When Air Is Not What You Breathe
The Bhopal Gas tragedy from almost three decades ago, is the raw memory of poisonous gas, for a generation of us. We may be have moved on in time from the order of that tragedy, but a host of every other situation – accidents at home, industrial settings, work places and even heavy vehicular traffic, can put us at risk of inhaling harmful gases. The case is more so in the case of structural fires where both the victims and rescue workers – including fire-fighters are at risk.
By definition, an emergency presenting as harmful gas inhalation is a case where a person has breathed in harmful gases and the vapours, and particulate matter contained in them. Toxic as the case is, it is difficult to diagnose and the treatment is complicated. In clinical manifestation, the ill-effects of harmful gas inhalation are more severe in children aged below 11 and adults aged over 70.
Instances Of Poisonous Gas Inhalation
- Poisonous gas inhalation typically occurs in victims and fire-fighters caught in structural fires.
- Cigarette smoking also causes similar damage on a smaller scale over a longer period of time.
- People who are trapped in fires may suffer from poisonous gas inhalation independent of receiving skin burns. The incidence of poisonous gas inhalation however increases with the percentage of total body surface area burned. Patients may not show symptoms until 24-48 hours after the event.
Harmful Effects Of Poisonous Gas Inhalation
The harmful materials given off by combustion injure the airways and lungs in three ways: heat damage, tissue irritation and oxygen starvation of tissues (asphyxiation).
Signs of heat damage:
- Singed nasal hairs
- Burns around and inside the nose and mouth
- Internal swelling of the throat
Tissue irritation of the throat and lungs may appear as:
- Noisy breathing
- Black or gray spittle
- Fluid in the lungs
Asphyxiation is apparent from:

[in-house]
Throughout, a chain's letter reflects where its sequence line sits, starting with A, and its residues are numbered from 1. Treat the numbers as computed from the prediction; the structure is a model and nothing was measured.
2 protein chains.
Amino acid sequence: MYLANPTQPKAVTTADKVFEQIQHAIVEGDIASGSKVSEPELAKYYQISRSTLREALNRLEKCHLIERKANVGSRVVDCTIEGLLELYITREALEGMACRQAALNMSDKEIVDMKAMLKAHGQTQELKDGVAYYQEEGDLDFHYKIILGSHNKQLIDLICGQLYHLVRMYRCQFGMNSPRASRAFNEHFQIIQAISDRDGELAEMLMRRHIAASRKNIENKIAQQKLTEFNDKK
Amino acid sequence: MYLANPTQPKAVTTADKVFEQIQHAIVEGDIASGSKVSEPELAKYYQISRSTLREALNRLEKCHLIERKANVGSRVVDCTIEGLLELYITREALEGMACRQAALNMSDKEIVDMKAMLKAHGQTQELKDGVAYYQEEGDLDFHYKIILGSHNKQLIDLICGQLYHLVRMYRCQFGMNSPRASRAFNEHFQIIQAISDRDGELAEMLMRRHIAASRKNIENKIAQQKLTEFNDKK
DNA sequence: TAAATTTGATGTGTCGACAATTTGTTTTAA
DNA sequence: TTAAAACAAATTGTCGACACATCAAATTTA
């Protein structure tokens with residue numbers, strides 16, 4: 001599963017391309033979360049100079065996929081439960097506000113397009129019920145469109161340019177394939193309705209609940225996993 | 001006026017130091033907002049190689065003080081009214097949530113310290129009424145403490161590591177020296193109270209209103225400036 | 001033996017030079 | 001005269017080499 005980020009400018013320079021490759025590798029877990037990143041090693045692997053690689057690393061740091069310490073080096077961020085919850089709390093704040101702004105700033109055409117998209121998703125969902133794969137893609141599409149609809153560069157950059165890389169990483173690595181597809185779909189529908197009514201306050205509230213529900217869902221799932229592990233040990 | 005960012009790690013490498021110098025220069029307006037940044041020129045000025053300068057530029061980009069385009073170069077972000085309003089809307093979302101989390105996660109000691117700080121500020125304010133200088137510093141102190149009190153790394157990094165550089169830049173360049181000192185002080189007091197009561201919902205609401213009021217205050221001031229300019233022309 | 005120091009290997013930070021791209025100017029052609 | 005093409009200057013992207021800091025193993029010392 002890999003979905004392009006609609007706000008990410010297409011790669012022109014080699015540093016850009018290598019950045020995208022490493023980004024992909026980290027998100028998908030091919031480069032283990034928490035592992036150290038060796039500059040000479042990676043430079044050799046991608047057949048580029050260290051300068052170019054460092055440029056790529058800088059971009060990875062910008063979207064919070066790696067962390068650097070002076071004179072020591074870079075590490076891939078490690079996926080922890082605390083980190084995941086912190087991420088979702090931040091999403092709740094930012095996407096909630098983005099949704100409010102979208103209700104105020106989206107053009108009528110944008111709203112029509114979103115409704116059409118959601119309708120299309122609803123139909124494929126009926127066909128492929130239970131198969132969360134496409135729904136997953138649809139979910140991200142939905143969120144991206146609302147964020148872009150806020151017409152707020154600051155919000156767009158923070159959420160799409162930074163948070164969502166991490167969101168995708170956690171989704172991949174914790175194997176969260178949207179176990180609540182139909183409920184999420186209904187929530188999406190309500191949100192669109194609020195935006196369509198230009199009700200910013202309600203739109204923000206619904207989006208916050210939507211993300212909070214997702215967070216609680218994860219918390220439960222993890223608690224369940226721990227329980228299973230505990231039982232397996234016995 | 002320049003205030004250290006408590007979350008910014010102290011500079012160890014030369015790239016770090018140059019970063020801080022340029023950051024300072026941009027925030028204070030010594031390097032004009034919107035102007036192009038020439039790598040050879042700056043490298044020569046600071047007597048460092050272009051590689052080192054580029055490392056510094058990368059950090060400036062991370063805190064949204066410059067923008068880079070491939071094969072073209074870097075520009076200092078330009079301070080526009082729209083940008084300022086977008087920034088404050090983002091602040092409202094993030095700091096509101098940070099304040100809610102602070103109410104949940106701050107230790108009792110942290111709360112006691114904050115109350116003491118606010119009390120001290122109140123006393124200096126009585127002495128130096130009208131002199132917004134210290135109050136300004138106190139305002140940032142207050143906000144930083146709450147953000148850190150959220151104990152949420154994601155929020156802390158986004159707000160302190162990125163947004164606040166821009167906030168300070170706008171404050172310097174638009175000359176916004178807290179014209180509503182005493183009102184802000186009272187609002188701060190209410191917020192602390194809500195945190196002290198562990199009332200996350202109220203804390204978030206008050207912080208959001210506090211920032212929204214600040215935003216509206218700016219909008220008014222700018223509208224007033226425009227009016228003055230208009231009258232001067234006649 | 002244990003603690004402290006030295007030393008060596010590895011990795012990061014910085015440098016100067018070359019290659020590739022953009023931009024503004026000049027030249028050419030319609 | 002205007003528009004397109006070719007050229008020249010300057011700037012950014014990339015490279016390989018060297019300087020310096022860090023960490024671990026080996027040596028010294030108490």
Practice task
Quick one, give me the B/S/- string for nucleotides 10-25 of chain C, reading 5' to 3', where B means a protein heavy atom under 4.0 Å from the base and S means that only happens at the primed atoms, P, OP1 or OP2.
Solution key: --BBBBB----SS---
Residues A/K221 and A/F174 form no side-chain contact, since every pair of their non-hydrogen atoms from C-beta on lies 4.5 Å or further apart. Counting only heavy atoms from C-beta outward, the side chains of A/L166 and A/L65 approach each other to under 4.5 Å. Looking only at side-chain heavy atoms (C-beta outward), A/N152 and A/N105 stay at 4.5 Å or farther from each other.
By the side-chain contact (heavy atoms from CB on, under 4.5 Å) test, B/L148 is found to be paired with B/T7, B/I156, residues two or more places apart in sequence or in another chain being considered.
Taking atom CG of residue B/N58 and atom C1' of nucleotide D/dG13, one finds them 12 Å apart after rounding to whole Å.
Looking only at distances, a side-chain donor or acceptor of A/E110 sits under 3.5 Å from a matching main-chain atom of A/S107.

- Shortness of breath
- Blue-gray or cherry-red skin colour
- In some cases, the patient may not be conscious or breathing.
In addition to looking for the signs of heat damage, tissue irritation, and asphyxiation, the physician will assess the patient’s breathing by the respiratory rate (number of breaths per minute) and motion of the chest as the lungs inflate and deflate. The patient’s circulation is also evaluated through pulse rate (number of heartbeats per minute) and blood pressure. Blood tests will indicate the amount of dip in oxygen level and by-products of poisonous gases. Chest X-rays are too insensitive to show damage to delicate respiratory tissues, but can show fluid in the lungs (pulmonary oedema).
Properly placed and working poisonous gas detectors in combination with rapid evacuation plans will minimize a person’s exposure to poisonous gases in the event of a fire. When escaping a burning building, a person should move close to the floor where there is cooler, clear air to breathe because hot air rises, carrying gases and particulate matter upward. Finally, fire-fighters should wear proper protective gear.
First Aid For PoisonousGas Inhalation
- The primary focus of treatment in case of poisonous gas inhalation is to maintain an open airway and provide adequate level of oxygen.
- If the airway is open and stable, the patient may be given high-flow humidified 100 per cent oxygen by mask.
- If swelling of the airway tissues is closing off the airway, the patient may require the insertion of an advanced airway (which can be put only by medical experts) to artificially maintain an open airway.
- Oxygen is often the only medication necessary. However, patients who have cough with wheezing, indicating that the airways are narrowed or blocked, will require further treatment.
- There are also antidotes for specific poisonous gases in the blood; dosage is dependent upon the level indicated by blood tests.
- In institutions where antidotes are available, ‘hyperbaric oxygen therapy’ may be used to treat poisonous gas inhalation resulting in severe carbon monoxide or cyanide poisoning. This treatment requires a special chamber in which the patient receives pure oxygen at three times the normal atmospheric pressure, thus receiving more oxygen faster to overcome all complications.
Although the outcome depends on the severity of the poisonous gas inhalation and the severity of any accompanying burns or other injuries, with prompt medical treatment, the prognosis for recovery is good. However, some patients may experience chronic lung problems following poisonous gas inhalation, and those with asthma or other chronic respiratory conditions prior to poisonous gas inhalation may find their original conditions have been aggravated by the inhalation and injury.
The ill-effects of harmful gas inhalation are more severe in children aged below 11 and adults aged over 70